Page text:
White House Overrules FDA On Access For Plan B

White House Overrules FDA On Access For Plan B

December 8th, 2011 // 3:12 pm @

In a move fraught with presidential politics, the US Department of Health & Human Services has overruled the FDA and thwarted a move to ease access to the Plan B pill, which is also known as the morning after pill. The contraceptive is currently available only to women age 17 and older without a prescription, but behind counters. The FDA was willing to make the pill available in store aisles, which would have made it possible for younger teenage girls to purchase without assistance or a prescription.

The unusual decision is likely to renew debate that yet another White House administration chose politics over science. The controversial pill was the subject of a fracas when George W. Bush was president, because some believe that Plan B prevents a fertilized egg from implanting in the womb, and some equate this with abortion. Many doctors and pharmacists still refuse to provide the pill.

As a result, President Barack Obama can be expected to face criticism that his administration made this decision in order to appeal to conservatives. And by extension, the move may also lead to a new line of skepticism into other FDA decisions if the episode convinces the public that the agency has become politicized.

In a statement explaining her decision, HHS Secretary Kathleen Sebelius said: “Today’s action reflects my conclusion that the data provided as part of the actual use study and the label comprehension study are not sufficient to support making Plan B One-Step available to all girls 16 and younger, without talking to a health care professional.”

She contended that there are “significant cognitive and behavioral differences” between older adolescent girls and the youngest girls of reproductive age. And so she directed the FDA to issue a complete response letter denying the supplemental new drug application sought by Teva Women’s Health (read her letter to Hamburg and her statement).

The move is certain not to sit well with FDA commish Margaret Hamburg, who has attempted to carefully craft a progressive stewardship at the agency that balances safety and innovation. While she did not offer any insight into her thinking, Hamburg made a point of noting that there was disagreement, prompting speculation that she may consider resigning from the agency.

“This morning I received a memorandum from the (HHS Secretary) invoking her authority under the Federal Food, Drug, and Cosmetic Act to execute its provisions and stating that she does not agree with the Agency’s decision to allow the marketing of Plan B One-Step nonprescription for all females of child-bearing potential” Hamburg says in this statement.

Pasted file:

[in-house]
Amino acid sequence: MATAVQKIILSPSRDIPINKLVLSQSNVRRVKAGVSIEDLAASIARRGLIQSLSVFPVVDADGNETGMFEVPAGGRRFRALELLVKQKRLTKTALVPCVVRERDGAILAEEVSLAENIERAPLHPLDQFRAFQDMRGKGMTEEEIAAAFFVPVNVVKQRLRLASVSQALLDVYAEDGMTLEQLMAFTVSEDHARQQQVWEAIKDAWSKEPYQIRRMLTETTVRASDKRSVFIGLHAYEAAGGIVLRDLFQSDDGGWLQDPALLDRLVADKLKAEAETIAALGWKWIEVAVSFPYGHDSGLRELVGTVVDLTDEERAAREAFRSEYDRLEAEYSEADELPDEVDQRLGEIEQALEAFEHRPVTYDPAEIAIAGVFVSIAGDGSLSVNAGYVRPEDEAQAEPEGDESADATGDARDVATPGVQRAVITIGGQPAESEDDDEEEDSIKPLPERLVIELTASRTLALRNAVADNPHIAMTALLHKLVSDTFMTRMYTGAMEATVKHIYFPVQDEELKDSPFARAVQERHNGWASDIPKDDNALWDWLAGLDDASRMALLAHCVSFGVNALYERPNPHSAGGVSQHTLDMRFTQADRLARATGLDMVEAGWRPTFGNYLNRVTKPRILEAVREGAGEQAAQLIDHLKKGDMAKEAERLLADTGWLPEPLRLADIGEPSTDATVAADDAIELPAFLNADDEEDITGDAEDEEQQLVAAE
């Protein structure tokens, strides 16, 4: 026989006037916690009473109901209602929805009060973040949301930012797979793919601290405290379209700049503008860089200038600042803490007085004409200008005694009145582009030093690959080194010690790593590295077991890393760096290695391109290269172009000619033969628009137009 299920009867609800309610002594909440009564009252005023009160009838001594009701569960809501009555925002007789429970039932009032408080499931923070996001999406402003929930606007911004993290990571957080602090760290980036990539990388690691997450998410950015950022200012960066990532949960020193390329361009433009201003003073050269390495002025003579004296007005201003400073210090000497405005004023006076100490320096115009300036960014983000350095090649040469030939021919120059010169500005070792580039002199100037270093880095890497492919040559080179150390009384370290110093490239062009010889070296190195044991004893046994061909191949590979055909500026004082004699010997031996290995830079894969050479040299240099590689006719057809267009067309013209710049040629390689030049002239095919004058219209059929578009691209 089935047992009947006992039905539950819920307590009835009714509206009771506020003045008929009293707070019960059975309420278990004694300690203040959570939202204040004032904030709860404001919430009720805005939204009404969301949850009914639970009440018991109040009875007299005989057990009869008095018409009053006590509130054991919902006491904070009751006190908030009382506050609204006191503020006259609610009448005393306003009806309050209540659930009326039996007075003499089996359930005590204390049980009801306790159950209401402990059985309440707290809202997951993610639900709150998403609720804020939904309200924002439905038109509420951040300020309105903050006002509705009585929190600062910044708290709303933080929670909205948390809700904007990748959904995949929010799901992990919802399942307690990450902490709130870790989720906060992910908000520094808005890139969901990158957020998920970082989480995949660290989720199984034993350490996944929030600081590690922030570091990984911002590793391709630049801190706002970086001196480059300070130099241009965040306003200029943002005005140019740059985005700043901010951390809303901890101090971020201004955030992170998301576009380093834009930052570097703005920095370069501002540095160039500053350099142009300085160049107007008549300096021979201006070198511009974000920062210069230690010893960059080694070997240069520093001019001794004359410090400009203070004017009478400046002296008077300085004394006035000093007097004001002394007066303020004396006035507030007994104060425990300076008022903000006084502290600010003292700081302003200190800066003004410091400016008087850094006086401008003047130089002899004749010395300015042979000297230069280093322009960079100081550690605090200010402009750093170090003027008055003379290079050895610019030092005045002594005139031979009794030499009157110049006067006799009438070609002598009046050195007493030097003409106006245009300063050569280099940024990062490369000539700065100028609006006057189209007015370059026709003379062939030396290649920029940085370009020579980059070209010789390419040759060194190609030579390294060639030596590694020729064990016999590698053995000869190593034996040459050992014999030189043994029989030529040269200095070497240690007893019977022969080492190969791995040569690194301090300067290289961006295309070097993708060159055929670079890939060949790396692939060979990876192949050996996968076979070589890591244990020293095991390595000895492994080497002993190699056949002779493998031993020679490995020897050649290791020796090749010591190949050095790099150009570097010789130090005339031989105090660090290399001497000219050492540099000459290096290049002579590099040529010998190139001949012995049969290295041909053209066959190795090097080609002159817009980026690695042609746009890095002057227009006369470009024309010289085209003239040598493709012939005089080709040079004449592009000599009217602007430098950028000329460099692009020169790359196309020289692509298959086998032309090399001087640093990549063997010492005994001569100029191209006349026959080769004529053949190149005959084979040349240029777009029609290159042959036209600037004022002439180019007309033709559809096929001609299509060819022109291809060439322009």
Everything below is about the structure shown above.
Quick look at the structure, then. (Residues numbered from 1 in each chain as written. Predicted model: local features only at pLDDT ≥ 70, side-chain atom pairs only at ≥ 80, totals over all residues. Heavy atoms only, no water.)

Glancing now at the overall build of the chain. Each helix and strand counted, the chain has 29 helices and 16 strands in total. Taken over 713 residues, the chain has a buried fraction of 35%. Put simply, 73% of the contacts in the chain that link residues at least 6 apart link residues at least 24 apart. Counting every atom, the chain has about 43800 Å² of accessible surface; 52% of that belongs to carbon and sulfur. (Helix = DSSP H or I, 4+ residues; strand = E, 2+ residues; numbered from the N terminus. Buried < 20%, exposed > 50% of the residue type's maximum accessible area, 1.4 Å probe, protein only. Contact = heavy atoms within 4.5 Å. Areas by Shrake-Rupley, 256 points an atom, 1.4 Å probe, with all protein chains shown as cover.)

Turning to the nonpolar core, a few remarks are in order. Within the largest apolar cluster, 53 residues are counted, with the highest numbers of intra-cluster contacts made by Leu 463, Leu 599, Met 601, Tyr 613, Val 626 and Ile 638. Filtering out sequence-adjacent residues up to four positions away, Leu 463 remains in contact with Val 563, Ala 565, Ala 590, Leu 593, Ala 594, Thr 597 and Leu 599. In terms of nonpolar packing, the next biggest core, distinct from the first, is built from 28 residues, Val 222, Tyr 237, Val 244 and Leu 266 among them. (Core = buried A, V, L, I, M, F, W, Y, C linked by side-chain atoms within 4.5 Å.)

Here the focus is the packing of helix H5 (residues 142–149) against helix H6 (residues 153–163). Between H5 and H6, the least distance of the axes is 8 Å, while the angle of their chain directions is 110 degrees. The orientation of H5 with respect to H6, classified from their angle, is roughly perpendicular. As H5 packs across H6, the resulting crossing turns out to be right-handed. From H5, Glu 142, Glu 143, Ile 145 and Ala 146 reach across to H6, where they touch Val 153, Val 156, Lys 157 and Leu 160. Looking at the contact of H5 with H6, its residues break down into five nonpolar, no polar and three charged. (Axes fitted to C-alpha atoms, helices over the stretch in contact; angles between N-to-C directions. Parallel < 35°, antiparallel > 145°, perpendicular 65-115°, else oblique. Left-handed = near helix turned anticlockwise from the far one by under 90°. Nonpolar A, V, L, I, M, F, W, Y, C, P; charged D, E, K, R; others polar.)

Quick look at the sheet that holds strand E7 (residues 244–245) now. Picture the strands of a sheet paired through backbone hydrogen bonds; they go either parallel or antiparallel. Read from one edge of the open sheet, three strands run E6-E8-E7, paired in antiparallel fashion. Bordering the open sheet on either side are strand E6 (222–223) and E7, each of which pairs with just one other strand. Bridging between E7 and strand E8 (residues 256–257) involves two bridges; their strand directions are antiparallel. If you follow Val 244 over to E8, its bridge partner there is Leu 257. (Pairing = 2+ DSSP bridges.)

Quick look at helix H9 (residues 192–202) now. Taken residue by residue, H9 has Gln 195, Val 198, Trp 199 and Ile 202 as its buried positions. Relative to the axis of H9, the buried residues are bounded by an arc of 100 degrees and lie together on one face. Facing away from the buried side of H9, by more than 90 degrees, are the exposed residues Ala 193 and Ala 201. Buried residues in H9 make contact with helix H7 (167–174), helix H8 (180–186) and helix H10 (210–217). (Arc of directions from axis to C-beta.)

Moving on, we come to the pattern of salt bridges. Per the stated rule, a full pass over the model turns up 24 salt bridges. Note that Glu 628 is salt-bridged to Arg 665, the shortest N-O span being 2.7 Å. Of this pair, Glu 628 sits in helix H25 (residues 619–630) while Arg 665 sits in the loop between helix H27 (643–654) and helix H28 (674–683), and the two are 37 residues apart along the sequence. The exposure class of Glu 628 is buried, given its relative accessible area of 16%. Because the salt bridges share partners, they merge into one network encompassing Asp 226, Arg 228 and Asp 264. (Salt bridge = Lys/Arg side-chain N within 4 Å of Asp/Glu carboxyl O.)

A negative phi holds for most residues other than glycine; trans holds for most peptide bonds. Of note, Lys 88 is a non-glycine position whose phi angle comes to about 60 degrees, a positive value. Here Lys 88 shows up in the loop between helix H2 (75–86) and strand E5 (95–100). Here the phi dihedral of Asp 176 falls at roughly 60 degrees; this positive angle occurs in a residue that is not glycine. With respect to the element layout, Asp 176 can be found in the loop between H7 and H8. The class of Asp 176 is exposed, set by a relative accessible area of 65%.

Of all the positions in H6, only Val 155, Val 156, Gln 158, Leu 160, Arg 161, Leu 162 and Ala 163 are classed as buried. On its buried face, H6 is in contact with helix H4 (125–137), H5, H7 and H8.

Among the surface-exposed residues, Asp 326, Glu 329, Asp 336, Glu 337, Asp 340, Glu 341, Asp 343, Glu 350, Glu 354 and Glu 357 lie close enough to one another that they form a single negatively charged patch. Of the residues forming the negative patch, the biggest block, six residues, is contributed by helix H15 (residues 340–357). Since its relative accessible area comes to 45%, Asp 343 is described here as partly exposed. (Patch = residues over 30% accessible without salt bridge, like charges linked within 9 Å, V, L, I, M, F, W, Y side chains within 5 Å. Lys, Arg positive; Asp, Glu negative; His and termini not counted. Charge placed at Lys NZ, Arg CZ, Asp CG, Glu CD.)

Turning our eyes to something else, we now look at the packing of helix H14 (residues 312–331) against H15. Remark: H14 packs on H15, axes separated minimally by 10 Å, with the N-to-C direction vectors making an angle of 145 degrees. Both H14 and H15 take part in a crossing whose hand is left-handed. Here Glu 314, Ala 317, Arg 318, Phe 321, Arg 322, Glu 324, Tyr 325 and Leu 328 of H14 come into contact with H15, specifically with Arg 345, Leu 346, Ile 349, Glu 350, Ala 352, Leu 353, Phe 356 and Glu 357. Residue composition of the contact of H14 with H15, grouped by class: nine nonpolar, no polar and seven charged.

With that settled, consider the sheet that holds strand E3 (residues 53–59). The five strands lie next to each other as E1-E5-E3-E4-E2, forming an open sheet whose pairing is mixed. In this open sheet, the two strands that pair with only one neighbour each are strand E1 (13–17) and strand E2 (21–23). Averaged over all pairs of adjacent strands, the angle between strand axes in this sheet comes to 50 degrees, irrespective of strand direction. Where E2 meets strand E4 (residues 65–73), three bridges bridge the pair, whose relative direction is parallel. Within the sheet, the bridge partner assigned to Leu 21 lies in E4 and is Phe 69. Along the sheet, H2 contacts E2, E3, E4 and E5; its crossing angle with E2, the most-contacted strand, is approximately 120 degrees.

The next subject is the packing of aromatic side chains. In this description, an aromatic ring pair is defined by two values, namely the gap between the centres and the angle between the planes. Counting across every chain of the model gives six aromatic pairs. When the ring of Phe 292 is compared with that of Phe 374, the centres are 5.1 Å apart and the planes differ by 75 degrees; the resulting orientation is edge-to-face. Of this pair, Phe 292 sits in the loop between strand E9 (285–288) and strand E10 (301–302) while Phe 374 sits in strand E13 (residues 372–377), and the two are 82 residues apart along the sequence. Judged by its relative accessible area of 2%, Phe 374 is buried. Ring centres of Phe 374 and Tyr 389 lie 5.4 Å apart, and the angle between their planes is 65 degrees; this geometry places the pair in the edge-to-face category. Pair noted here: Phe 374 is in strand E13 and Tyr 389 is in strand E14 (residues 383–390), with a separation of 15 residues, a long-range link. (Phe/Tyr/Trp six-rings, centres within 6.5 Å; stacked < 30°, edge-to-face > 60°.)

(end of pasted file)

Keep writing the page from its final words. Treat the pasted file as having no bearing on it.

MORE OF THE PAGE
The Plan B pill has generated nothing but controversy in Washington. In 2005, Susan Wood, who was the top FDA official in charge of women’s health issues, resigned to protest against an agency decision to delay a final ruling on whether the Plan B pill should be more easily accessible (read here).

Today, Wood, who is now an associate professor of health policy and environmental and occupational health and executive director of the Jacobs Institute of Women’s Health at George Washington University, issued a statement saying: “This decision is stunning. I had come to believe that the FDA would be allowed to make decisions based on science and the public’s health. Sadly, once again, FDA has been over-ruled and not allowed to do its job. I cannot understand why Secretary Sebelius would reach in and overturn the FDA’s decision to allow timely access for all those who need safe and effective emergency contraception.”

And two years ago, US District Court Judge Edward Korman ordered the FDA to reconsider its 2006 decision that would allow only women ages 18 and older to buy the pill without a prescription. In his March 2009 ruling, Korman chastised the FDA for being “arbitrary and capricious,” making decisions in “bad faith” and being influenced by “impermissble political and ideological considerations” imposed by the Bush White House.

“The record is clear that the FDA’s course of conduct regarding Plan B departed in significant ways from the agency’s normal procedures regarding similar applications to switch a drug from prescription to non-prescription use,” Korman wrote. He then instructed the FDA to do make Plan B available to 17-year-olds within 30 days and review whether to make the emergency contraceptive available to all ages without a doctor’s order.

In April 2009, the FDA agreed to permit Plan B to be sold without a prescription to all women 17 and older, but would not allow the pill to become available to younger women unless a request was received from the manufacturer. That prompted the Teva Pharmaceuticals unit to file its supplemental new drug application with the agency.


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